RUBB

Time was when the pallet industry was far less concerning than it is today. There was hardly ever any concern about environmental issues and so little thought was given to recyclable, returnable issues. Today, however, the key mantra is re-use, recycle, repeat and it can be so complex and distracting from one’s core competences it might be wiser to contract out this formidable task to specialists, be it pooling, renting or buying. But as one specialist in this area explains (see Contraload story) it’s much more than just collecting and returning the load mediums like pallets, boxes, collars and layer pads. There is the necessary high quality “conditioning” services before assets can be returned to ultra-hygienic clients in the food and pharma industries. And if the latest tracking technology for asset management, that might span several countries, is not in place that could be problematic.

This article was first published in the December 15th 2019 issue of Warehouse & Logistics News, subscribe to the magazine by clicking here.
Amid all the controversy over which pallet materials to use for environmental reasons there is often more heat than light but the harsh fact remains that there are non-environmental issues that will hold greater sway in the decision-making for choice of material, some being economical and practical. Plastics, for example, now the bete noire of the environmental movement, are better than wood at keeping weight and fuel emissions down and contribute significantly to minimising food waste with the help of advanced plastic films. So the enemy is not plastic per se but plastic waste. Therefore it is imperative to use specialists in plastic recycling like Goplasticpallets.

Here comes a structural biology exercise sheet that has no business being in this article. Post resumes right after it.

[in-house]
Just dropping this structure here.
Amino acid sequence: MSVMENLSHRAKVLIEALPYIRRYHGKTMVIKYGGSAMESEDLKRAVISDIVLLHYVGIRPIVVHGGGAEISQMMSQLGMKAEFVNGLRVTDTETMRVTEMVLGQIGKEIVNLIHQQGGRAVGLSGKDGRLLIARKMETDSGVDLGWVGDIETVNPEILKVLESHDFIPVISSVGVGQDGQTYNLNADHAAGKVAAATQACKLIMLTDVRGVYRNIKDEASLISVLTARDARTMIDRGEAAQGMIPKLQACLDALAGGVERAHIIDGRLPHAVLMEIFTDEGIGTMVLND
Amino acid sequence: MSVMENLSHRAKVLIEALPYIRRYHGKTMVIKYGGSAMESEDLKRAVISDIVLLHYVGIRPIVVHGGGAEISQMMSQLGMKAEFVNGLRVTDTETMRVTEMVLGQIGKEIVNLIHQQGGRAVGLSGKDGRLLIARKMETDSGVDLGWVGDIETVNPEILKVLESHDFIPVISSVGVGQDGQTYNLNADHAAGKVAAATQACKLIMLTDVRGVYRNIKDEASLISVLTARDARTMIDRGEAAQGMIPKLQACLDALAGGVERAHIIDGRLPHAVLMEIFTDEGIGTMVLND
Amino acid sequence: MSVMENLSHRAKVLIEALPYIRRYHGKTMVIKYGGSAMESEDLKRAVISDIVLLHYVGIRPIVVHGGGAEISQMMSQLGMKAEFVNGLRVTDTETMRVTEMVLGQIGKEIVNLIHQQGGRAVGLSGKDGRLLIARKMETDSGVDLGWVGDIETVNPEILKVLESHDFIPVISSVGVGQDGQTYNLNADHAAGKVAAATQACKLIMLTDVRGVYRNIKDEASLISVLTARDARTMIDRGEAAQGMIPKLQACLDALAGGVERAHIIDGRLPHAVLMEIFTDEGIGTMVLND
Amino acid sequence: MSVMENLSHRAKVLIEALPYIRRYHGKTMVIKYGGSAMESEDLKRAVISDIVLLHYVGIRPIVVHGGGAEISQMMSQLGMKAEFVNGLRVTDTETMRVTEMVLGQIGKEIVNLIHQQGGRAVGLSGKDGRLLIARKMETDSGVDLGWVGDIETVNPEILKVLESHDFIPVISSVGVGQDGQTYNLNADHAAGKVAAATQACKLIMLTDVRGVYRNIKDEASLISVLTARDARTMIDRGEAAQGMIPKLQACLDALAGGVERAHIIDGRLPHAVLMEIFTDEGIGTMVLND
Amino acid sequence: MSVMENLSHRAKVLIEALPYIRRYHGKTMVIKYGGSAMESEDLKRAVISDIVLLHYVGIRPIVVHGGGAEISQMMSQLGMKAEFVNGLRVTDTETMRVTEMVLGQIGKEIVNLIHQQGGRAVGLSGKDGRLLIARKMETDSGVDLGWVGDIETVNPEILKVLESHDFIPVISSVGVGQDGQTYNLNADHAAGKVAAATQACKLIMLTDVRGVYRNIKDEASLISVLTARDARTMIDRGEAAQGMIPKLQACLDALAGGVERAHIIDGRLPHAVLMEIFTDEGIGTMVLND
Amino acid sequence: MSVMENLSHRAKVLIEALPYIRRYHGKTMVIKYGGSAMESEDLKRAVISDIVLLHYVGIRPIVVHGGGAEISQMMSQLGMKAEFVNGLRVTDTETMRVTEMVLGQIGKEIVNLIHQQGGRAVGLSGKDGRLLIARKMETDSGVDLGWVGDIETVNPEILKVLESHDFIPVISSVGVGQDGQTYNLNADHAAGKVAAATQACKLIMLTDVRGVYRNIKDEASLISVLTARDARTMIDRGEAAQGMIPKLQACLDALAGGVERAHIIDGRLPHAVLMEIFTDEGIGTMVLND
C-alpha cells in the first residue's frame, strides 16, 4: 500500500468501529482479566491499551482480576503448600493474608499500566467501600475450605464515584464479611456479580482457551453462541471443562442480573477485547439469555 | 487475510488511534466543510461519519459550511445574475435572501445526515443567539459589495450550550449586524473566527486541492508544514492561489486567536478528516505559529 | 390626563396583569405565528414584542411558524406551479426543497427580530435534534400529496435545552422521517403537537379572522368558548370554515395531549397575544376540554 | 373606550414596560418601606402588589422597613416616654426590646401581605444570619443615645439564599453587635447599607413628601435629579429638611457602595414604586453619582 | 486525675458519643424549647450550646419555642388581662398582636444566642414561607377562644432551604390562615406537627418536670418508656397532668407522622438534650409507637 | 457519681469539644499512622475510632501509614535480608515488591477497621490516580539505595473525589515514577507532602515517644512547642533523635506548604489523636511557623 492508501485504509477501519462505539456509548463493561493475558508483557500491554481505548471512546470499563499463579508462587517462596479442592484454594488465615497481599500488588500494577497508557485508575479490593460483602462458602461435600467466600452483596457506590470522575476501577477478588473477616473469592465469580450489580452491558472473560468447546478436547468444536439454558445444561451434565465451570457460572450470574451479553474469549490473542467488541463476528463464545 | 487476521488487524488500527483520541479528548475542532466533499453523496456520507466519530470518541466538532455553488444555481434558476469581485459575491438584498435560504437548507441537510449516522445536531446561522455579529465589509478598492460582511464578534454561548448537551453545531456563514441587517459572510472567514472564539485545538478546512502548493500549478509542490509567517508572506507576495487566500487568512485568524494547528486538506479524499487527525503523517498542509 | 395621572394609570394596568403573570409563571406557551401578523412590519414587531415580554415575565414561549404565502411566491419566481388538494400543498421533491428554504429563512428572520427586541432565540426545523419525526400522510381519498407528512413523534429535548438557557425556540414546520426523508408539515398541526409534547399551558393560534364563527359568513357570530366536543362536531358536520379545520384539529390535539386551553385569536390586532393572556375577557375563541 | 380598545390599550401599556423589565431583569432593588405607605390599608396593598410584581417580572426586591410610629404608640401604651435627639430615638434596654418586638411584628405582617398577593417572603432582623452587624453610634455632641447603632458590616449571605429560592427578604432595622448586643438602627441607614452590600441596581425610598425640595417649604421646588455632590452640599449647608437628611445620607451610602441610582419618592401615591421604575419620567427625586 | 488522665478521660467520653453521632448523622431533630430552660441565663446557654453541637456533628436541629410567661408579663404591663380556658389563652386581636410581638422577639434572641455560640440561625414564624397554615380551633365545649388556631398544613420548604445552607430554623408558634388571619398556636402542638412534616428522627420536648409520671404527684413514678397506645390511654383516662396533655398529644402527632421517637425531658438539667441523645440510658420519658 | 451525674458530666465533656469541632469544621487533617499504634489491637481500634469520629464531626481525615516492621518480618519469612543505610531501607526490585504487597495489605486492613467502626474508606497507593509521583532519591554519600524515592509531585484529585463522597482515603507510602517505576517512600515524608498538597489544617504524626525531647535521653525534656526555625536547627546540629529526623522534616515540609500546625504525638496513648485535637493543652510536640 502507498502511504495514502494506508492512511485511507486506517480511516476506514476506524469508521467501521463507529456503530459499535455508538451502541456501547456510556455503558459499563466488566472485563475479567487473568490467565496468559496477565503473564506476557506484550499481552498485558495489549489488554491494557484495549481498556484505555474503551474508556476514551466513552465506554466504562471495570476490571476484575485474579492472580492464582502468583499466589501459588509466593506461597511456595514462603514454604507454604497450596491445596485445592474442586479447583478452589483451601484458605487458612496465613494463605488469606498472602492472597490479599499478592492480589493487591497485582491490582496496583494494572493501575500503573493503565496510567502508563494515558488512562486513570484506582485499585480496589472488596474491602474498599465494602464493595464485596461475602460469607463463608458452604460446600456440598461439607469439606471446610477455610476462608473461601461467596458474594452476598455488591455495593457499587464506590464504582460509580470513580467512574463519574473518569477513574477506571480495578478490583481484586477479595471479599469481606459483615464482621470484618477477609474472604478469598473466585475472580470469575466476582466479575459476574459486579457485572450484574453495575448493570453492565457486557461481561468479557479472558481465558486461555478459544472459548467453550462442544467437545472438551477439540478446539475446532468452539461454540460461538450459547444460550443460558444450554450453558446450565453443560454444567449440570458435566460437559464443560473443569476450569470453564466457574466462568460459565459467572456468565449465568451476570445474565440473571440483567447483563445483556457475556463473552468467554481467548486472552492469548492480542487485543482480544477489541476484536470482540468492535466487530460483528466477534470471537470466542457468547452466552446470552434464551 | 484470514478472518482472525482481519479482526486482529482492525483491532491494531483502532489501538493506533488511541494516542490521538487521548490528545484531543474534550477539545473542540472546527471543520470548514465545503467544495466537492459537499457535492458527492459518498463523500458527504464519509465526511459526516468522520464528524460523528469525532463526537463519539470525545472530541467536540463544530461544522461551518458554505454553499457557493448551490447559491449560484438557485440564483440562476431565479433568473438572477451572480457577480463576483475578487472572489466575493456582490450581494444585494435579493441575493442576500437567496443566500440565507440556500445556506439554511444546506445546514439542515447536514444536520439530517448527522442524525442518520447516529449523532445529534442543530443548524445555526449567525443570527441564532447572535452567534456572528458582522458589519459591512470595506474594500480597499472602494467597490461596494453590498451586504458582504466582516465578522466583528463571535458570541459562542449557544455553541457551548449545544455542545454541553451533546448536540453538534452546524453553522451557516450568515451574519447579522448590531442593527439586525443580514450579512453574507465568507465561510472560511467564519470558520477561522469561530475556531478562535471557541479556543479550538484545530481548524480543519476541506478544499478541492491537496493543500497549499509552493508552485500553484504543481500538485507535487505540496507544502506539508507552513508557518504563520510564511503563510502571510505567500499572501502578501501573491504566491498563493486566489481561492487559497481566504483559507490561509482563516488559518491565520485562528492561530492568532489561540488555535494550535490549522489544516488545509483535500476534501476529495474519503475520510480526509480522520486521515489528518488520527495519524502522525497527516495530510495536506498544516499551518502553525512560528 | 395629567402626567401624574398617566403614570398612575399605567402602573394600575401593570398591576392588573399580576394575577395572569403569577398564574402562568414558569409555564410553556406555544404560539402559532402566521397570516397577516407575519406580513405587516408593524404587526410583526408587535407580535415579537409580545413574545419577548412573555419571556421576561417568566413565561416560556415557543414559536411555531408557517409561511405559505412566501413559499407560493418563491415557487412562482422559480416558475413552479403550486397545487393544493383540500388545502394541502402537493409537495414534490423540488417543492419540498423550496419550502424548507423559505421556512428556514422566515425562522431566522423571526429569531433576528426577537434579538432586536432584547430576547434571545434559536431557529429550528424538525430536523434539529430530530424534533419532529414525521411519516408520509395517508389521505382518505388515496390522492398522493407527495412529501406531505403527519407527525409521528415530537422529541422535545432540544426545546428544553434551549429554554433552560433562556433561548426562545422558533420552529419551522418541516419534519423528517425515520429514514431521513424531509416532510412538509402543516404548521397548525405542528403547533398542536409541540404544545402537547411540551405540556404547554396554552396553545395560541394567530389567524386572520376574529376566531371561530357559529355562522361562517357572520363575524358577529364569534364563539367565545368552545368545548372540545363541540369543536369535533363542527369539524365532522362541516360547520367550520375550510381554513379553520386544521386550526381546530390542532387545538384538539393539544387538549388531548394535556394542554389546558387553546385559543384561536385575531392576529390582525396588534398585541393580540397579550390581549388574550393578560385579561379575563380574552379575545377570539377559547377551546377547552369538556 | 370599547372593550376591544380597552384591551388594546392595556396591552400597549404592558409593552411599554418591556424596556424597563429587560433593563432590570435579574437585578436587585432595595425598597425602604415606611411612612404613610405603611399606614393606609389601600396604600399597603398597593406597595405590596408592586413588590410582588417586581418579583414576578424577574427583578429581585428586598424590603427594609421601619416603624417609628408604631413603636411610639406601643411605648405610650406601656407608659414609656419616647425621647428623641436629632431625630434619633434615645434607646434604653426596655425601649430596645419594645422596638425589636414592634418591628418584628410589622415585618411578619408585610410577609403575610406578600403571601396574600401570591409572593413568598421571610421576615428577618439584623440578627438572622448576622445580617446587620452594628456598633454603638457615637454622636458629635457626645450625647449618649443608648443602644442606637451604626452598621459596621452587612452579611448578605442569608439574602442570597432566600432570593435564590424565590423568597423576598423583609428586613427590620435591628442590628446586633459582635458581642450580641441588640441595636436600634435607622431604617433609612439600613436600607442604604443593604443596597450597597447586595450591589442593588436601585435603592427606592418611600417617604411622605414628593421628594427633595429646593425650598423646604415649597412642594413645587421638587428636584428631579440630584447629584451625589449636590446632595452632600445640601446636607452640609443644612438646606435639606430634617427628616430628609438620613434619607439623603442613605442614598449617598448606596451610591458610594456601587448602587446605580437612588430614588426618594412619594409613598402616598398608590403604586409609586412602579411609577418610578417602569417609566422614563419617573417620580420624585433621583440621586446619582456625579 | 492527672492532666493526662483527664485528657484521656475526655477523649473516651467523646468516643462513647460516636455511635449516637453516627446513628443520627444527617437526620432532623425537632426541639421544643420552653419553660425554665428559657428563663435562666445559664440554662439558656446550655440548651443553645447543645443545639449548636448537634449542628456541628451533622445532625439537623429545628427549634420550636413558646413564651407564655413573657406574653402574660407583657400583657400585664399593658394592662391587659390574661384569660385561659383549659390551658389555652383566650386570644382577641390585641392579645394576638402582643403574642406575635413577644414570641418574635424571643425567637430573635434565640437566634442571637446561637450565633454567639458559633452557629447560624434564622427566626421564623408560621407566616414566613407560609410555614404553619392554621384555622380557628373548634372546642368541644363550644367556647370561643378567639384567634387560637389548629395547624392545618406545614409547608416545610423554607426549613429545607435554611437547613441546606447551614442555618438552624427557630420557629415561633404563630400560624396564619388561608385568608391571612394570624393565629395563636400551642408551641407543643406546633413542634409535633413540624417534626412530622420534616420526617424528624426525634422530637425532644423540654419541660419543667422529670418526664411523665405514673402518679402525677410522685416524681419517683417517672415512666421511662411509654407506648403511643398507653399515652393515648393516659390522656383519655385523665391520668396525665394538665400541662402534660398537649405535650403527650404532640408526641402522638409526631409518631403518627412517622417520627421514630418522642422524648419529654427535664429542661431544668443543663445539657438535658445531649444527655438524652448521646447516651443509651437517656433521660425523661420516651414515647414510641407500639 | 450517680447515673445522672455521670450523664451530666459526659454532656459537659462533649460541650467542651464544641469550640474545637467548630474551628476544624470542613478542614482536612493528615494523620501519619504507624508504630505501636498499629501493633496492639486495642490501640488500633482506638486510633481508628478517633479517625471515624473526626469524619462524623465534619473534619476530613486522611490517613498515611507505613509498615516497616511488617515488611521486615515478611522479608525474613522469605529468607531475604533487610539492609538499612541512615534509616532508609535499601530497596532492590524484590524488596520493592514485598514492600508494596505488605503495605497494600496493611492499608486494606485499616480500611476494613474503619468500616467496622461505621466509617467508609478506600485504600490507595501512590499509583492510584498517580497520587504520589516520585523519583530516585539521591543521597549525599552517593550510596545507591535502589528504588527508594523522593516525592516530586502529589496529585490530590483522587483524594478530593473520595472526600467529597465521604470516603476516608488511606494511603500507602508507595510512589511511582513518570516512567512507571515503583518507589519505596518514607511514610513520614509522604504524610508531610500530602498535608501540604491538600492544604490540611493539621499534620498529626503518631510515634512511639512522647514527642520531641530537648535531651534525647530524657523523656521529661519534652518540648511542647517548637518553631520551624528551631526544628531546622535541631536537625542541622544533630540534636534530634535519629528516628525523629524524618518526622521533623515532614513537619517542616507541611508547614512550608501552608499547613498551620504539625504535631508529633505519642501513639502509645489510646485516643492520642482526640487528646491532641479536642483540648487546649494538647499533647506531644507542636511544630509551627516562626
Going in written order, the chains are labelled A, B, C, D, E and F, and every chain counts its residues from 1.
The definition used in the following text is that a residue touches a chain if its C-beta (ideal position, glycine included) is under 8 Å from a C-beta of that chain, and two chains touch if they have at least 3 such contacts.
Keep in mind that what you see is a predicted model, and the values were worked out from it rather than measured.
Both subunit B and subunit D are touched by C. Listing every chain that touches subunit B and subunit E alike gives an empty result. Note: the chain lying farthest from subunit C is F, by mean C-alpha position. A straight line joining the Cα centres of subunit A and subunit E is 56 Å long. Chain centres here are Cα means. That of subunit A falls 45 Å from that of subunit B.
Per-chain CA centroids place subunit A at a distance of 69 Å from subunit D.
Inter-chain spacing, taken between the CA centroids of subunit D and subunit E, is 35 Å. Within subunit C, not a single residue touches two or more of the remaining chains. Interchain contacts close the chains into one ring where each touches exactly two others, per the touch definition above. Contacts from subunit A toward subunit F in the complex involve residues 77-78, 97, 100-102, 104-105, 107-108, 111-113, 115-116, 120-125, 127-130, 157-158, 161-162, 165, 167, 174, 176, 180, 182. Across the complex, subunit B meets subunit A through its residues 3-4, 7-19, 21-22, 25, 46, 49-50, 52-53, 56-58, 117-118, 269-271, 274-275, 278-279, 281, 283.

One needs also to consider how much resources and energy are used in the recycling function. Paper production, for example, uses 17 times more water than plastic, while recycling paper requires 91% more energy than plastic kilo for kilo. Plastic pallets also last 10 times longer than wood and are safer to use and generally more dimensionally accurate, particularly valued in automated warehouses. As Jim Hardisty, MD of Goplasticpallets.com, advises: “We should not be looking for ways to replace plastic, but rather educating manufacturers, businesses and consumers about how plastics can be used responsibly to develop a circular economy.”

Pallite, makers of the burgeoning, lightweight yet strong paper-based packaging products such as pallets, pallet boxes, collars and layer pads, suggests that by changing your pallet choice you could gain a double win by saving money and the environment. Made from sustainably-resourced materials and 100% recyclable, they contribute less to climate change and the disappearance of the world’s rain forests than wood pallets and mean less CO2 emissions and total costs of business. Pallite’s CEO, Iain Hulmes, says there is a growing movement away from traditional wooden pallets towards alternatives like Pallite, but some of these alternatives come with limitations or drawbacks. The Pallite pallet saves 20 kg in weight compared with wood, are splinter free and ISPM15 exempt. They are also much cheaper than plastic.

There are other contenders, the best one, in certain circumstances, being the slip sheet, very much cheaper, lighter and bug free than wood and plastic pallets. Another palletless system, well suited to sacked materials like cement, is the Moellers’ system which uses stretchwrapping in such a way as to leave fork voids at the load base. There are also the recent developments in composite materials from RM2 Blocpal, which have big advantages over wood and plastic.

Bill Redmond, Features Editor

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